Flashback Friday: Strong Families Celebration

posted:

It's always tough to accept summer is ending. But, the signs are undeniable: the nights are getting cooler, stores are selling boots and sweaters, and kids are heading back to school. Time waits for no one; not even Healthy Homes. 
 
But, before that last beach day is done, we want to look back on the fun and busy summer we have had, especially July's Strong Families Celebration.
 
This picnic party and awards ceremony at Garfield Park was the first of its kind for the organization, and it was a huge success. Originally conceived as a simple, small, and intimate event, the event quickly grew into over 200 people. Once we decided to have a celebration-- it became clear pretty quick how much we had to celebrate. So, we invited all the families we served through out direct services programs last year, as well as the members of the grassroots advocacy group, Parents for Healthy Homes, and their families. 
Then, we didn't want to leave out our partners, such as LINC, SECOM, and the Kent County Health Department, so many of those folks were invited too. 
 
Since we were suddenly having a big group, we needed a big party to match. Challenge accepted. We got a food cart from Tamale's Mary to donate and to serve tamales and beans and rice, got hotdogs and buns donated from Goya, and the grill going. To keep the fun going, families enjoyed a water balloon toss, badminton, a photo booth, yard games, bubbles, face painting, and two piñatas. Staff even dressed up as environmental hazards: a lead dust (bunny), a coackroach, and VOC's (Fabuloso).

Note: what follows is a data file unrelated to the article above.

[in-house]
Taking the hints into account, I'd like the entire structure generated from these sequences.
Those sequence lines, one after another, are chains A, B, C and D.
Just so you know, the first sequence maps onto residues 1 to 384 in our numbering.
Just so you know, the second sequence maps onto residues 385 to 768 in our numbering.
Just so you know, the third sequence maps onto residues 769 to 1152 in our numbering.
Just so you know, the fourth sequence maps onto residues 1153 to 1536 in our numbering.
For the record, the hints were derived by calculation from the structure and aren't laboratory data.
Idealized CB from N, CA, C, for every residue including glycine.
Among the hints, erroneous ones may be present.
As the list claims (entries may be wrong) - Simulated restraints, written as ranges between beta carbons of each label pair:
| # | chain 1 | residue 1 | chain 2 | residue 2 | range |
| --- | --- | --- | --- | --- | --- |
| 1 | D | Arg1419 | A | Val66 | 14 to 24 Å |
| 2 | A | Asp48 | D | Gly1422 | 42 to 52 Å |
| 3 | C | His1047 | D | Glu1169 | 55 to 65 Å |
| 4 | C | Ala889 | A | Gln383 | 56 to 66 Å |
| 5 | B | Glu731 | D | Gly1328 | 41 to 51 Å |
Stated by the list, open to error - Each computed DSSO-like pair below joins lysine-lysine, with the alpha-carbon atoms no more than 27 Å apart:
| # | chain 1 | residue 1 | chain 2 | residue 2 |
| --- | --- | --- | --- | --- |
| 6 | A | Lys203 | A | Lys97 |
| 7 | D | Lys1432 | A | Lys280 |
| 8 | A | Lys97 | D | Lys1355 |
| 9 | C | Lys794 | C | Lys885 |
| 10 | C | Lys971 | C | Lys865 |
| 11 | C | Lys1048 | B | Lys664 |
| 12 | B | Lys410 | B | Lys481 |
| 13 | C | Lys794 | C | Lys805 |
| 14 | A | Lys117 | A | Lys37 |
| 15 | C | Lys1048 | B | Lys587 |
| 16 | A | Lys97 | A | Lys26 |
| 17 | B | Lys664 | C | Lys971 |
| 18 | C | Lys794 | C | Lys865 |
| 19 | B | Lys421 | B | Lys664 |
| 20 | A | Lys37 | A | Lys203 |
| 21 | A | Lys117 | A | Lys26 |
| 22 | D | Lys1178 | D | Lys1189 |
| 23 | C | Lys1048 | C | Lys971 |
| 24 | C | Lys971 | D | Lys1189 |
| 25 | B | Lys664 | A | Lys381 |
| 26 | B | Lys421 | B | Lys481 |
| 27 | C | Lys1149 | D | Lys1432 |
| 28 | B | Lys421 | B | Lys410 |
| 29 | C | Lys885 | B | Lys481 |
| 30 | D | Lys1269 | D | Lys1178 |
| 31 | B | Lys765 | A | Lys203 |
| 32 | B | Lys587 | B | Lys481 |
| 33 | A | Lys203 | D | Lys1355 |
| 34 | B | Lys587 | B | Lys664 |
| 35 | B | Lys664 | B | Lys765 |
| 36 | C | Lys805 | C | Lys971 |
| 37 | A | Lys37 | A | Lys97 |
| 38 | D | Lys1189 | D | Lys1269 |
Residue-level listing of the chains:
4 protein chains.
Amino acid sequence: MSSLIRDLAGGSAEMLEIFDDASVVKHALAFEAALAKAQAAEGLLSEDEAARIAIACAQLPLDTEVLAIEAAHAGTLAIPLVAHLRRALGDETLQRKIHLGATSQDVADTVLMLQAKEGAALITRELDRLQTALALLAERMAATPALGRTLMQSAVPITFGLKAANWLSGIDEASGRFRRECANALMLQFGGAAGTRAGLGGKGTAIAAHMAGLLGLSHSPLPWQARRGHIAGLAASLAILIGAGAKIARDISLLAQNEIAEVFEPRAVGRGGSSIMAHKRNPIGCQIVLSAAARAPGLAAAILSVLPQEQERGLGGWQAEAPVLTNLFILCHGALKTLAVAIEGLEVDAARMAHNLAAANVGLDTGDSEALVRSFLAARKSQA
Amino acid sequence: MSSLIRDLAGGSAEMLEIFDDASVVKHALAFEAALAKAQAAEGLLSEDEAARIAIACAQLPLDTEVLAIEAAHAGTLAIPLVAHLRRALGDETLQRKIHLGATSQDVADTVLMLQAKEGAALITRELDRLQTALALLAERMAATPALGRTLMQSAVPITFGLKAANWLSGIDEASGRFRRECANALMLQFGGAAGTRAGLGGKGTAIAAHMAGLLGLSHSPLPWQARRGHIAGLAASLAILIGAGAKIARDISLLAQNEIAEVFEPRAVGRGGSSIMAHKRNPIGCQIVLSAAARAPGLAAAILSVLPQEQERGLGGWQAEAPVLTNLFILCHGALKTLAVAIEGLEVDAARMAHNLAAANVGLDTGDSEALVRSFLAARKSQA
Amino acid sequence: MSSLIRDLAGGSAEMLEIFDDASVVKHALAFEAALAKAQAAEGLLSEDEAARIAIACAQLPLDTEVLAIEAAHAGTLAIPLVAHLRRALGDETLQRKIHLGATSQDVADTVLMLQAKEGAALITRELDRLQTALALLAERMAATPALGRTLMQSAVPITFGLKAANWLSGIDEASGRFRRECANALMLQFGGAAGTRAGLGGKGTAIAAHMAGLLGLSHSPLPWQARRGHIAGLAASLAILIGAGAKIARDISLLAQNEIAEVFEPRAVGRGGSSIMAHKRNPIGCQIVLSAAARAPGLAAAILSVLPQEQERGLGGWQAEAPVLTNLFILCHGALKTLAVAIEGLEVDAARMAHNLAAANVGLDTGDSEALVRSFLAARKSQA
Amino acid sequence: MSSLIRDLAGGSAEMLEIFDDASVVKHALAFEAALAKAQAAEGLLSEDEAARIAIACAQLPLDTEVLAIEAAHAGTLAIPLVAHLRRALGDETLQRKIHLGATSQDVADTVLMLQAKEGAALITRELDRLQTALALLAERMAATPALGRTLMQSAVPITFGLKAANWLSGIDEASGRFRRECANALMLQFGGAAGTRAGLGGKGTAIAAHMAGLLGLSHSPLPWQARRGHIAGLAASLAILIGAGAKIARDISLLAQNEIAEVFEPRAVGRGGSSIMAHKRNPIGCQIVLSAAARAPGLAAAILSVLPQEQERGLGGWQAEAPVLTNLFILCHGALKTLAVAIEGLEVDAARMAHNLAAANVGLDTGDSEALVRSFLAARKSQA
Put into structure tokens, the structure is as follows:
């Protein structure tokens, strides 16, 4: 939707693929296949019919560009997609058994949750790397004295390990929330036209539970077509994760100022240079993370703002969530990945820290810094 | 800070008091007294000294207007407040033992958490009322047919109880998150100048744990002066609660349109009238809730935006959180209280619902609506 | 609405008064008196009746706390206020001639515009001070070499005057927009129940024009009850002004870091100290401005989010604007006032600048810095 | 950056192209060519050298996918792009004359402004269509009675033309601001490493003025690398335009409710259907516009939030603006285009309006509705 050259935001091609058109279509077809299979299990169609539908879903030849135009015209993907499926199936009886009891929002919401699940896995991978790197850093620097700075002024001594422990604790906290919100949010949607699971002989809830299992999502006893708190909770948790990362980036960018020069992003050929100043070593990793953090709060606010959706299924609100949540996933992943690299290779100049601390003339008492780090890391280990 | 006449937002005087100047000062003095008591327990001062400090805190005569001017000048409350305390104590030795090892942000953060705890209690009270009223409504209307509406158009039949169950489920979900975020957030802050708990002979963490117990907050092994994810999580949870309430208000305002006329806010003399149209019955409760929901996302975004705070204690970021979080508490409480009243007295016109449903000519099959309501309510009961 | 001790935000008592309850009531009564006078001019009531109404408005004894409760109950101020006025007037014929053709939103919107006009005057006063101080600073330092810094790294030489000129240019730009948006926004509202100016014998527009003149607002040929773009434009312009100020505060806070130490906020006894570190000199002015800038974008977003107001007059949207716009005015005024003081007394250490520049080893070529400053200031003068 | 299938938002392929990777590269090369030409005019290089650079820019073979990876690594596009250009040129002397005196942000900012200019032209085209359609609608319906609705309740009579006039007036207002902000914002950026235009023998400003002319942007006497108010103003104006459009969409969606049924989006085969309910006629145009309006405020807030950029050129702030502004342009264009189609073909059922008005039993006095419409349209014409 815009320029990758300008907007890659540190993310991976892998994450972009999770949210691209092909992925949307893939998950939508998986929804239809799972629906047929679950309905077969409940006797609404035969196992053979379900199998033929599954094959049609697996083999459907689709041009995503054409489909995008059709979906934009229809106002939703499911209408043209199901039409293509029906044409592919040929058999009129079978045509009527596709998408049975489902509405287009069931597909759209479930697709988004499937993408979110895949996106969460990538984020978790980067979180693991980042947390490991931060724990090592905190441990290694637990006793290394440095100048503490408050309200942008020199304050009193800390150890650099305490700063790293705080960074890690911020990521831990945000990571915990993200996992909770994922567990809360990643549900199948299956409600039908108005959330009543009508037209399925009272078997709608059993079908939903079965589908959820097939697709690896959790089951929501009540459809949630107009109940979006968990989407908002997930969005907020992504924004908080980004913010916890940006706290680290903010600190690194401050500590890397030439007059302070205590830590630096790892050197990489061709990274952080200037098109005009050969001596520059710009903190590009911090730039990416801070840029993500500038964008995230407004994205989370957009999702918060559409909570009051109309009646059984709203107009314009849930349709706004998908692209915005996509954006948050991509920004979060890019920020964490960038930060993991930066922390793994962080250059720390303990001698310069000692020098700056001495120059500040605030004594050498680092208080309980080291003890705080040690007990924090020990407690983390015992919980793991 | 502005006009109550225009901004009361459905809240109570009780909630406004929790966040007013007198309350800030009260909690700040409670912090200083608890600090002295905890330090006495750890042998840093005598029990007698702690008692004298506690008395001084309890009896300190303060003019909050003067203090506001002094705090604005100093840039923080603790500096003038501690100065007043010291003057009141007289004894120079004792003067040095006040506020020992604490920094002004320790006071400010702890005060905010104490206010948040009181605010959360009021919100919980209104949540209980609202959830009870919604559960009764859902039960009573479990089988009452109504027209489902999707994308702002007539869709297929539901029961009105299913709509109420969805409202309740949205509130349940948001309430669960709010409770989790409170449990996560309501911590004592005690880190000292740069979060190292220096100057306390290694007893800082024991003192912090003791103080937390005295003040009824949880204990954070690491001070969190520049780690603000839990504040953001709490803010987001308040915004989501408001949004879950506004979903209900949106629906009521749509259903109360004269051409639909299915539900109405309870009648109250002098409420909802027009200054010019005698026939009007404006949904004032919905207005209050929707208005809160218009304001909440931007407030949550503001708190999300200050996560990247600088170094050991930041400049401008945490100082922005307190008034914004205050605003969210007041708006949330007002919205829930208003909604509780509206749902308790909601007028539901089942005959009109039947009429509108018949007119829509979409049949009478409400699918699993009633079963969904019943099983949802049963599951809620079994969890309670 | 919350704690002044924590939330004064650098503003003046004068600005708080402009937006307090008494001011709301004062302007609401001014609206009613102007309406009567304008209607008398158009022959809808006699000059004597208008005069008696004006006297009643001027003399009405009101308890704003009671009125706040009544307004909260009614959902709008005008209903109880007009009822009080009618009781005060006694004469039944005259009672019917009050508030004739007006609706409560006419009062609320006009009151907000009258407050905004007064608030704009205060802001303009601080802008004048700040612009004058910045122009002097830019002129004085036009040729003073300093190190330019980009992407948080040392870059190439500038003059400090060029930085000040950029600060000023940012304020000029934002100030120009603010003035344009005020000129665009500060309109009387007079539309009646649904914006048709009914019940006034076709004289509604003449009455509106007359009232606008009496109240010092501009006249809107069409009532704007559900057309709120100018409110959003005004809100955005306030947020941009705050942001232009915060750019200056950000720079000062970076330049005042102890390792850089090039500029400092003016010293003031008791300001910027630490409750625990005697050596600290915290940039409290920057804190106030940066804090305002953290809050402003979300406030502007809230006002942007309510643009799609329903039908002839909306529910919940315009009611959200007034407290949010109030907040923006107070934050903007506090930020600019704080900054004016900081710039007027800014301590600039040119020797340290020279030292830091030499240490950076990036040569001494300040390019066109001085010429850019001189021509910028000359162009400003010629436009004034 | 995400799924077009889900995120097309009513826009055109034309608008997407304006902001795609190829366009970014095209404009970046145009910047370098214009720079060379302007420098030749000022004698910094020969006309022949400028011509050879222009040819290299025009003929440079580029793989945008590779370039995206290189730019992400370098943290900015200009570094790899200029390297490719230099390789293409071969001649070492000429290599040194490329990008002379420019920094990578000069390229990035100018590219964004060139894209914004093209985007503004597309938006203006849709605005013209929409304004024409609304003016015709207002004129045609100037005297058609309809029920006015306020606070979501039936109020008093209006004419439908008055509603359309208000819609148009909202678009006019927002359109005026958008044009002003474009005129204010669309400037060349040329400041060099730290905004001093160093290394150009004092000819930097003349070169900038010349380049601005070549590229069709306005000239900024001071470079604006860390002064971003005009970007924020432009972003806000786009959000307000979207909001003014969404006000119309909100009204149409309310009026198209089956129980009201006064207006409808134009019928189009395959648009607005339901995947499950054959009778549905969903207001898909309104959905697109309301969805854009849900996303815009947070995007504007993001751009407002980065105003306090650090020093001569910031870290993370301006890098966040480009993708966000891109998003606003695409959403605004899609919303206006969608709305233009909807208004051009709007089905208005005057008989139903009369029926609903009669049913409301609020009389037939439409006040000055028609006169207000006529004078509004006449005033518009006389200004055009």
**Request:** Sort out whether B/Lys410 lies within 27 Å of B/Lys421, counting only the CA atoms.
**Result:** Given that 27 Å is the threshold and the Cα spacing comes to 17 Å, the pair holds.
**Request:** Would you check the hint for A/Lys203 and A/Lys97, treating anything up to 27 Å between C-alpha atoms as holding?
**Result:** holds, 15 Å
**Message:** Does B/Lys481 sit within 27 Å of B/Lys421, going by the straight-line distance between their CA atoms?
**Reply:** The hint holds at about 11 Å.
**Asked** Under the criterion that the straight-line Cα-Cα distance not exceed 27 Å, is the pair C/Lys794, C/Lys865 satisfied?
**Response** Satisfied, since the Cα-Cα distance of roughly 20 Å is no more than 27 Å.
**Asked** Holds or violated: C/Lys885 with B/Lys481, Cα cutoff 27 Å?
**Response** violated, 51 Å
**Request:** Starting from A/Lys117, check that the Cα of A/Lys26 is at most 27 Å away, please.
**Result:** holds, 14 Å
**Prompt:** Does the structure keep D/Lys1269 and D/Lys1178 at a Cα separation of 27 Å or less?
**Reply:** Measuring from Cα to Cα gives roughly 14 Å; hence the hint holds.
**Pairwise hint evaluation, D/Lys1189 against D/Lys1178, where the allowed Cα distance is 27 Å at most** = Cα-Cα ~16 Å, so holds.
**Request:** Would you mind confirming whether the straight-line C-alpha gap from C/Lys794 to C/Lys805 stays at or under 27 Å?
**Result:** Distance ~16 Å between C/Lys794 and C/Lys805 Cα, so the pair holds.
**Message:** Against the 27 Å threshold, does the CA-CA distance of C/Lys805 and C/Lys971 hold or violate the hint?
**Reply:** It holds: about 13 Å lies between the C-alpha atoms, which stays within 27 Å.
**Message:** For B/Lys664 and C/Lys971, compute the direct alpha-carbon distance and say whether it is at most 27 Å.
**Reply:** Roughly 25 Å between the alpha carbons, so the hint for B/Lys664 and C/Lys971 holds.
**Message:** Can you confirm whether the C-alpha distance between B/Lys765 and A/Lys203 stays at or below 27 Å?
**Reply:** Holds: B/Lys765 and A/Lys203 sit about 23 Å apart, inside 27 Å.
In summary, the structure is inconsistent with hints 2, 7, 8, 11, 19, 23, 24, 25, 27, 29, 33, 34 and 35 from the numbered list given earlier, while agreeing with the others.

But, most importantly, was celebrating the families who worked hard all year to keep their own kids, and kids in the larger community safe from environmental hazards, such as lead and asthma triggers. Several parents were given specific awards for their work and dedication.
Lead poisoning and asthma are not always easy issues for families to talk about, let alone celebrate. Stigmas about the blame of lead poisoning and severe asthma still exist--stigmas that it's a parent's fault. Stigmas that are unfair and not grounded in reality.
 
 
Parents don't choose for these environmental hazards to
impact their children, and they can't always be easily controlled. This July, parents celebrated the good work they are doing in their own families, and 
in their community by spreading the word and advocating for environmental justice. 
 
 
The event ended with a call to action to invite more families to join the advocacy movement and continue to work towards policy change that will help keep kids from hurting. The movement continues to grow, and we can't wait for next year's event to be even bigger, and more full of celebration for the families we are proud to partner with. 
 
 
 

 

 


Archives